The costs of converting shares for physical gold in the Merk- and Van Eck-planned ETFs could prove to be prohibitive for small investors.
Two gold ETFs that would allow investors to redeem shares for physical gold, currently sitting in the regulatory pipeline, promise to bring a shares-for-gold convertibility similar to that found in the SPDR Gold Shares (NYSEArca: GLD) to investors of any size. But it remains to be seen just how cost-competitive these strategies will be.
Indeed, both the Market Vectors Redeemable Gold Trust and the Merk Gold Trust aim to provide investors—any investors—an opportunity to invest in securitized gold while being able to take delivery of gold bullion in exchange for their shares.
GLD, by comparison—the market’s biggest gold trust and second-largest ETF in the world today—already offers that access to gold, but limits that redeem-for-bullion feature to amounts of 100,000 shares or more—a restriction Merk and Van Eck’s Market Vectors are looking to remove. GLD’s expense ratio is 0.40 percent.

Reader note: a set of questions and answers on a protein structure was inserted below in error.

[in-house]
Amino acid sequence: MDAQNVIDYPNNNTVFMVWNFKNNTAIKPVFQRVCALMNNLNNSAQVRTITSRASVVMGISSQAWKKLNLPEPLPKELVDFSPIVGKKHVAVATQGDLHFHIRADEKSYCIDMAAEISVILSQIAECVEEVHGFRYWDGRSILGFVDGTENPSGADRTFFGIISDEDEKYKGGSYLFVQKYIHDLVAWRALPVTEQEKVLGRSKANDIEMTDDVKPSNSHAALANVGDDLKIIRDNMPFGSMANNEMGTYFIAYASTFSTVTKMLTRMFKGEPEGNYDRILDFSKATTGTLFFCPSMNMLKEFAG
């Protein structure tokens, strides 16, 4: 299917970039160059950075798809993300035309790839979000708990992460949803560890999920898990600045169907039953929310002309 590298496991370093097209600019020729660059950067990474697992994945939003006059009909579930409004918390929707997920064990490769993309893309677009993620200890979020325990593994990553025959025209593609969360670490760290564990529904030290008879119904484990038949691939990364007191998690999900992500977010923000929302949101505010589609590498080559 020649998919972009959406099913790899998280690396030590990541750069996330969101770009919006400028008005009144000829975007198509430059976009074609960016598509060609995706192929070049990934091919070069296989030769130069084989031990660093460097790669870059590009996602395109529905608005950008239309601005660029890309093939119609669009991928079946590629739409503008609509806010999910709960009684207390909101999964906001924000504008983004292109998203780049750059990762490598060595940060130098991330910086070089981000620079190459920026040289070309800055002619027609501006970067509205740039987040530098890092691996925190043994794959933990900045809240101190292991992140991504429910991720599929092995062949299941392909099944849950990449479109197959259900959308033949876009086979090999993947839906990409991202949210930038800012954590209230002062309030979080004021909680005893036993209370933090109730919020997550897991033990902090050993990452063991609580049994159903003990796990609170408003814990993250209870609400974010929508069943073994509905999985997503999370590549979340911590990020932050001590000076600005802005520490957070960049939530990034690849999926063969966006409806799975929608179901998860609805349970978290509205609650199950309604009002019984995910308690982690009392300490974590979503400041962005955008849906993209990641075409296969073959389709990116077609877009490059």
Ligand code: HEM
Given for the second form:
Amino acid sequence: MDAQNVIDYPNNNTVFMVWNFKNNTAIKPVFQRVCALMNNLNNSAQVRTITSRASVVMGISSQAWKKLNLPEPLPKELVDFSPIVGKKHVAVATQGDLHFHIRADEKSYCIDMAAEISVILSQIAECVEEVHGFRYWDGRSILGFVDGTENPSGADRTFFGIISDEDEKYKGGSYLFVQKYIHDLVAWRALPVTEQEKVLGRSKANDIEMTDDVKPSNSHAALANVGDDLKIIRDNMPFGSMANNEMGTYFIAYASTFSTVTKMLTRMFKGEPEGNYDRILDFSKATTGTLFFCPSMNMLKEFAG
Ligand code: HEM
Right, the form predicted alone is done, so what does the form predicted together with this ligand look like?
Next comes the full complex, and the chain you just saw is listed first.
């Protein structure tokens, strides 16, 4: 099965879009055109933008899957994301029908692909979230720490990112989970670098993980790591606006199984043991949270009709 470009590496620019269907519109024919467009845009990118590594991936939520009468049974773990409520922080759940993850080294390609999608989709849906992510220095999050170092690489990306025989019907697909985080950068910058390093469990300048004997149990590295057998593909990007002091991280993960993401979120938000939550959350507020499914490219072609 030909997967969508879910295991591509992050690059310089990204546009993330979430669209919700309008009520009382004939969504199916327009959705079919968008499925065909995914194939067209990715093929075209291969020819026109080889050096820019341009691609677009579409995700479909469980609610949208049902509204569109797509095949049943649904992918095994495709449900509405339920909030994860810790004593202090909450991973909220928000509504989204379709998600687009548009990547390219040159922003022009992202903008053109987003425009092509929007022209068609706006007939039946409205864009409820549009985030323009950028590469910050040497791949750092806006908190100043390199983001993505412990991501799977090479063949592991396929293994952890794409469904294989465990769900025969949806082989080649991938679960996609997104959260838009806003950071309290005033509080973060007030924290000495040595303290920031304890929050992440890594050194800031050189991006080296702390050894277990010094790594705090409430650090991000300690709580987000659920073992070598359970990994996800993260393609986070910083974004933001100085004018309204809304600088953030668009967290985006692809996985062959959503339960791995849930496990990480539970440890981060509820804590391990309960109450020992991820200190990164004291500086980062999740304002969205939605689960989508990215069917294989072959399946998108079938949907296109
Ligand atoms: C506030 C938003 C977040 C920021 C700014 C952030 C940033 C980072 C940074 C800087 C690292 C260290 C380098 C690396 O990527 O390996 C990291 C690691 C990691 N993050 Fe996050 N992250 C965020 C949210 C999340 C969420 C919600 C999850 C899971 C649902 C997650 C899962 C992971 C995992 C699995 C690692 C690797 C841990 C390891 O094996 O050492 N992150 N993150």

The idea certainly has its allure, and is said to cater to growing investor demand for access to physical gold at a time of an improving, but still-uncertain, economic environment both here and abroad. Gold has long been seen as the safe-haven asset of choice for many investors who lack confidence in the economy or in currencies in times of economic trouble.
Axel Merk himself, the mastermind behind the gold trust strategy he first put in registration a year ago, has said before that he wholeheartedly believes in the investor demand for such an ETF. If GLD’s $65 billion in assets under management are any indication, the market’s appetite for access to securitized physical gold through an ETF is enormous, no doubt.
But while there’s no questioning that the marketing hook is a good one, it remains to be seen just how feasible—from a cost and logistics perspective—the strategies Merk and now Market Vectors propose will prove to be. Neither registration statement for either fund has yet provided details on that cost structure, and neither company can comment on filings.